Contributed by Lorie Reichel-Howe, presenting: Coaching Managers to Become Inclusive Without Getting Crucified in San Jose, April 16th.
While email has made workplace communication efficient, there are times when face-to-face conversations are needed. At these times, defaulting to email is risky and may result in workplace nightmares.
When Technology Leads to Trouble
Who doesn’t love moving issues, problems and grievances off of a work desk? While auto correct protects us from grammatical errors, there is no technology discernment checker that alerts us when emailing is inappropriate and a conversation is necessary.
Email is your enemy when communicating concerns with a co-worker or manager, when addressing performance issues and when discussing a complex or contentious topic. Conversations trump technology and derail disaster when giving reprimands and when getting someone back on track.
Never email a colleague when you are in conflict. While confident of your ability to hide your frustration and anger, it’s next to impossible to compose a message presenting your case without releasing emotions. Sending email when you are angry or frustrated invites gossip and misunderstanding to move in and multiply. The words we compose while facing a computer screen, we would never say to someone in person. Impulsive mouse-to-mouse combat leads to workplace word wars and leaves a trail of HR violations.
Email Limitations and Liabilities
Email is devoid of context and human beings communicate through body language, expression and voice. Tone is difficult to interpret and easily misinterpreted without hearing the inflection of someone’s voice. Stop and reflect on the number of times you read an email and questioned ‘Why is this person so angry?’ when in fact, that’s just the way you read the message. Much of what we interpret is based on our current and ever-changing mood.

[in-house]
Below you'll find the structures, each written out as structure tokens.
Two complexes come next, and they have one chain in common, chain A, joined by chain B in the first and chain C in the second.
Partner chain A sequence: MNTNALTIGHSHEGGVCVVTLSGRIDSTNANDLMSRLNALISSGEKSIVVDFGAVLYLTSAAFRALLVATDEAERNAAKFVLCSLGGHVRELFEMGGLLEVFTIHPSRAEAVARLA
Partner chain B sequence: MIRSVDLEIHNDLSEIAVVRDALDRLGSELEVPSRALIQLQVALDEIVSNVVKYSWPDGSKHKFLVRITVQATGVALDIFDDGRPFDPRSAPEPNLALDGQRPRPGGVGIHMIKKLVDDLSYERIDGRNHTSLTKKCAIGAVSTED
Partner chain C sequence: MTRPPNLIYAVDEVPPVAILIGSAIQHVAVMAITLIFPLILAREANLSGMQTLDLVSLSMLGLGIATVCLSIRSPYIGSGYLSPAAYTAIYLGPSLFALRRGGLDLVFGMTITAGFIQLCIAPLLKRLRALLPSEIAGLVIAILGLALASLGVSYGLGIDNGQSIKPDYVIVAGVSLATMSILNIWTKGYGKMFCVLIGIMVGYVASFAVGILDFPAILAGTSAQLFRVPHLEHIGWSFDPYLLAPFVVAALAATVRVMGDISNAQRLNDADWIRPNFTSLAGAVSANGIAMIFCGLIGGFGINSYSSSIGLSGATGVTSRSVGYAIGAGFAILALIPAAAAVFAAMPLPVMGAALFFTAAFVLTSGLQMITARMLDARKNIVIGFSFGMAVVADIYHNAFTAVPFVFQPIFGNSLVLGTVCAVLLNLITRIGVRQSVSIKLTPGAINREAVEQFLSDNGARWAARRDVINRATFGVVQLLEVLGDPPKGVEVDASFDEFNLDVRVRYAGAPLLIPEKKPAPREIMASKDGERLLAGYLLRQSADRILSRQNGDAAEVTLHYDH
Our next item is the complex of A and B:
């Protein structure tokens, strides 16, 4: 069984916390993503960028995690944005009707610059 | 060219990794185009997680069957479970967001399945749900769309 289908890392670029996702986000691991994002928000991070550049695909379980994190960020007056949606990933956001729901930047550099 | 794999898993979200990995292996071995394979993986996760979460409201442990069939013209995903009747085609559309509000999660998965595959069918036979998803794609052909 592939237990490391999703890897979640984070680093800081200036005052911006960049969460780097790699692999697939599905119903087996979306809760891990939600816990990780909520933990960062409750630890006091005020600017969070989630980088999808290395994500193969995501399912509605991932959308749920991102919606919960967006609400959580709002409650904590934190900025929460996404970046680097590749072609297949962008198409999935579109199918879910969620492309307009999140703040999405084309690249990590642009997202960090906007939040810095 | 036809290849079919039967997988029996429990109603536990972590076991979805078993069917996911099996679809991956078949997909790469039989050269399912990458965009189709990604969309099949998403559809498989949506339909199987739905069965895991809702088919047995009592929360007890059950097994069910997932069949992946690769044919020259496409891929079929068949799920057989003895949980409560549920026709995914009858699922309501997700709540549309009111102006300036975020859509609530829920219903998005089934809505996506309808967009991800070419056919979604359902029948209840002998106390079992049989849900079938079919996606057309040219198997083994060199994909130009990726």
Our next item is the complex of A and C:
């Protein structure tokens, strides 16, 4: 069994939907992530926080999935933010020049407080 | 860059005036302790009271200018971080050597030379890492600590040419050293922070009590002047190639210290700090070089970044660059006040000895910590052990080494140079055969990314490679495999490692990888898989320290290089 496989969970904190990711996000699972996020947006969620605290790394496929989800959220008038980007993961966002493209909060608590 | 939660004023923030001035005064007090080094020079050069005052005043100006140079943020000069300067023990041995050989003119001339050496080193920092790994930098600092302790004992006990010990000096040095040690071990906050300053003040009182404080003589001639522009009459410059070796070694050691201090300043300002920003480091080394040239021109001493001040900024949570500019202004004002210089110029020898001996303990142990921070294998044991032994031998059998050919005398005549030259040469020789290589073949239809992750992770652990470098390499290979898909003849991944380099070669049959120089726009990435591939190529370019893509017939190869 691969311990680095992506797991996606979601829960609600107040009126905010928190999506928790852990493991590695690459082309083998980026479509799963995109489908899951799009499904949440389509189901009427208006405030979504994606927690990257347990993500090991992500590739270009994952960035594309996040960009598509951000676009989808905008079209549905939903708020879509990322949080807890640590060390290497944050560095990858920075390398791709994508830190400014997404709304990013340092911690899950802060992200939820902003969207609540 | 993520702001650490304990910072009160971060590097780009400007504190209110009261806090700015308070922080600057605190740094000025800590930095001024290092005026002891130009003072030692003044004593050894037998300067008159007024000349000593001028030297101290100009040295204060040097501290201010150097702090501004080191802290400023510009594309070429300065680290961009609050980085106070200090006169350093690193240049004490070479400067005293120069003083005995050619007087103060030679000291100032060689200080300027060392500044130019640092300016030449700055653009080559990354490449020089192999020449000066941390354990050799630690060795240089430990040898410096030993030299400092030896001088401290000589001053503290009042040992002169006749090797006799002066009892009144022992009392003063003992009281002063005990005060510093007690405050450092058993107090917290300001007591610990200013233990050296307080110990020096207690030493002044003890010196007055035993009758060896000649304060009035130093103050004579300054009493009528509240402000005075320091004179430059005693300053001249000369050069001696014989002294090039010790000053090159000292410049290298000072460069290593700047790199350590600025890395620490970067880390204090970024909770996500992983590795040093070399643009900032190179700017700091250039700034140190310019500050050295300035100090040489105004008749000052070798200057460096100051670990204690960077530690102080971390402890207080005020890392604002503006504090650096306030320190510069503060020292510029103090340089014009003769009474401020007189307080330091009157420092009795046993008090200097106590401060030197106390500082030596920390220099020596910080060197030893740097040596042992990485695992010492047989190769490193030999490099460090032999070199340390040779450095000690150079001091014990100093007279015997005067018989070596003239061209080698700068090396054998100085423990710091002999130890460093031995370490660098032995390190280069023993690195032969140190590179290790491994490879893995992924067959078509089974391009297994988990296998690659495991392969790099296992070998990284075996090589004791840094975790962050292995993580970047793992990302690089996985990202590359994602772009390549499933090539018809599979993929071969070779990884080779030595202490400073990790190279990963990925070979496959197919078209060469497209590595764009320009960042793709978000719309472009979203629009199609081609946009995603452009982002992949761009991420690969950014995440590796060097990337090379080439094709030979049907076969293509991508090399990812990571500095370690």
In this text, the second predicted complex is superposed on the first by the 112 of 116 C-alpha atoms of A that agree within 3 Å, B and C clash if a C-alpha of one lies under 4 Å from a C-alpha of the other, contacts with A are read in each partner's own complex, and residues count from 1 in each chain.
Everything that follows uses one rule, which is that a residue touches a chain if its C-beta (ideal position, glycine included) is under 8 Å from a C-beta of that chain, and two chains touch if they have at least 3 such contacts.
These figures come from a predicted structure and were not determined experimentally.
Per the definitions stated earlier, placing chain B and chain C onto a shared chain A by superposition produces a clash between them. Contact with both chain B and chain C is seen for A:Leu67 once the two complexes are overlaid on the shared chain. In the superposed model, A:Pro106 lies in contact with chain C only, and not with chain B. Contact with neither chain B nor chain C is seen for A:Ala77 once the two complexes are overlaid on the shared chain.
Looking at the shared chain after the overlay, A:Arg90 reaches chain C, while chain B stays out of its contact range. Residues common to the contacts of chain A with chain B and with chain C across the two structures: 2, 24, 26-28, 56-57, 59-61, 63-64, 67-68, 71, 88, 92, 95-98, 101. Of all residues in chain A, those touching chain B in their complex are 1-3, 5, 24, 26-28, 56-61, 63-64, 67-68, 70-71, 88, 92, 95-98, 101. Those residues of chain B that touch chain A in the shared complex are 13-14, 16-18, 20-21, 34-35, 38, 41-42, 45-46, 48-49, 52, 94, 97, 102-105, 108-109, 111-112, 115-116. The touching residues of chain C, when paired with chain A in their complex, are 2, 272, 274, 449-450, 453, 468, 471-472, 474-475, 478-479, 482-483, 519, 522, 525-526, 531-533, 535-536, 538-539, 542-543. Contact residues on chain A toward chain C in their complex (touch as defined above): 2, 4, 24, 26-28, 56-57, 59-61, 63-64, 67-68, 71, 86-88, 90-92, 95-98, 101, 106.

Yes, it can be challenging, awkward and difficult to talk to others about concerns, performance gaps and needed improvements. Even so, defaulting to email in an attempt to prevent coming across frustrated and angry is risky and dangerous. Instead of averting conflict, you may unintentionally start a workplace war!
Create Clarity: Email or Conversation
Peter Drucker hit a bull’s-eye target when he said, “culture eats strategy for breakfast.” Regardless of your organization’s strategic planning and commitment to goals, the health of your workplace culture determines your bottom line. Employees need clarity on when conversations trump email. Discernment needs to be taught. Expecting today’s tech savvy culture to know when to walk away from a computer is a faulty assumption.
Train and Model Employees to Communicate
The way employees communicate will make or break any organization. Telling people to dialogue about concerns, without teaching them to do so, is an infraction waiting to happen. Training employees to communicate concerns while expressing their desire for others to be more successful, builds trust and partnership. Given that 65-80% of performance problems result from strained relationships – not from deficits in individual employees’ skill or motivation (Daniel Dana, Ph.D., Managing Differences), communication training is an investment with strong returns.
When people are trained to effectively communicate concerns, they will have the courage to delete their email, approach a coworker or supervisor, and ask for a ten-minute conversation. I wonder how many misunderstandings are averted when two colleagues determine not to email and instead talk together.
Email is a powerful and useful business tool when used for the right purpose. While electronic conversations are convenient and time efficient, some topics and situations are best addressed through conversations. At those times, divert disaster by deleting your drafted email and instead dialogue.
About the Author
Lorie Reichel Howe is founder of Conversations in the Workplace. She leverages over 20 years of expertise in communication and relationship management. She equips managers and teams to have “safe conversations” – transformative dialogue that uncovers hidden workplace issues. These conversations foster greater innovation, inclusion and collaboration within the organization.
Lorie will lead Next Concept HR Association’s local event, What’s Next -> Coaching Managers to Become Inclusive Without Getting Crucified (San Jose), on April 16th. Qualifies for 2.0 General HRCI Recertification Credits / 2.0 SHRM PDCs. Register here. Lorie is also a frequent speaker at HR West and contributor to Next Concept HR Magazine.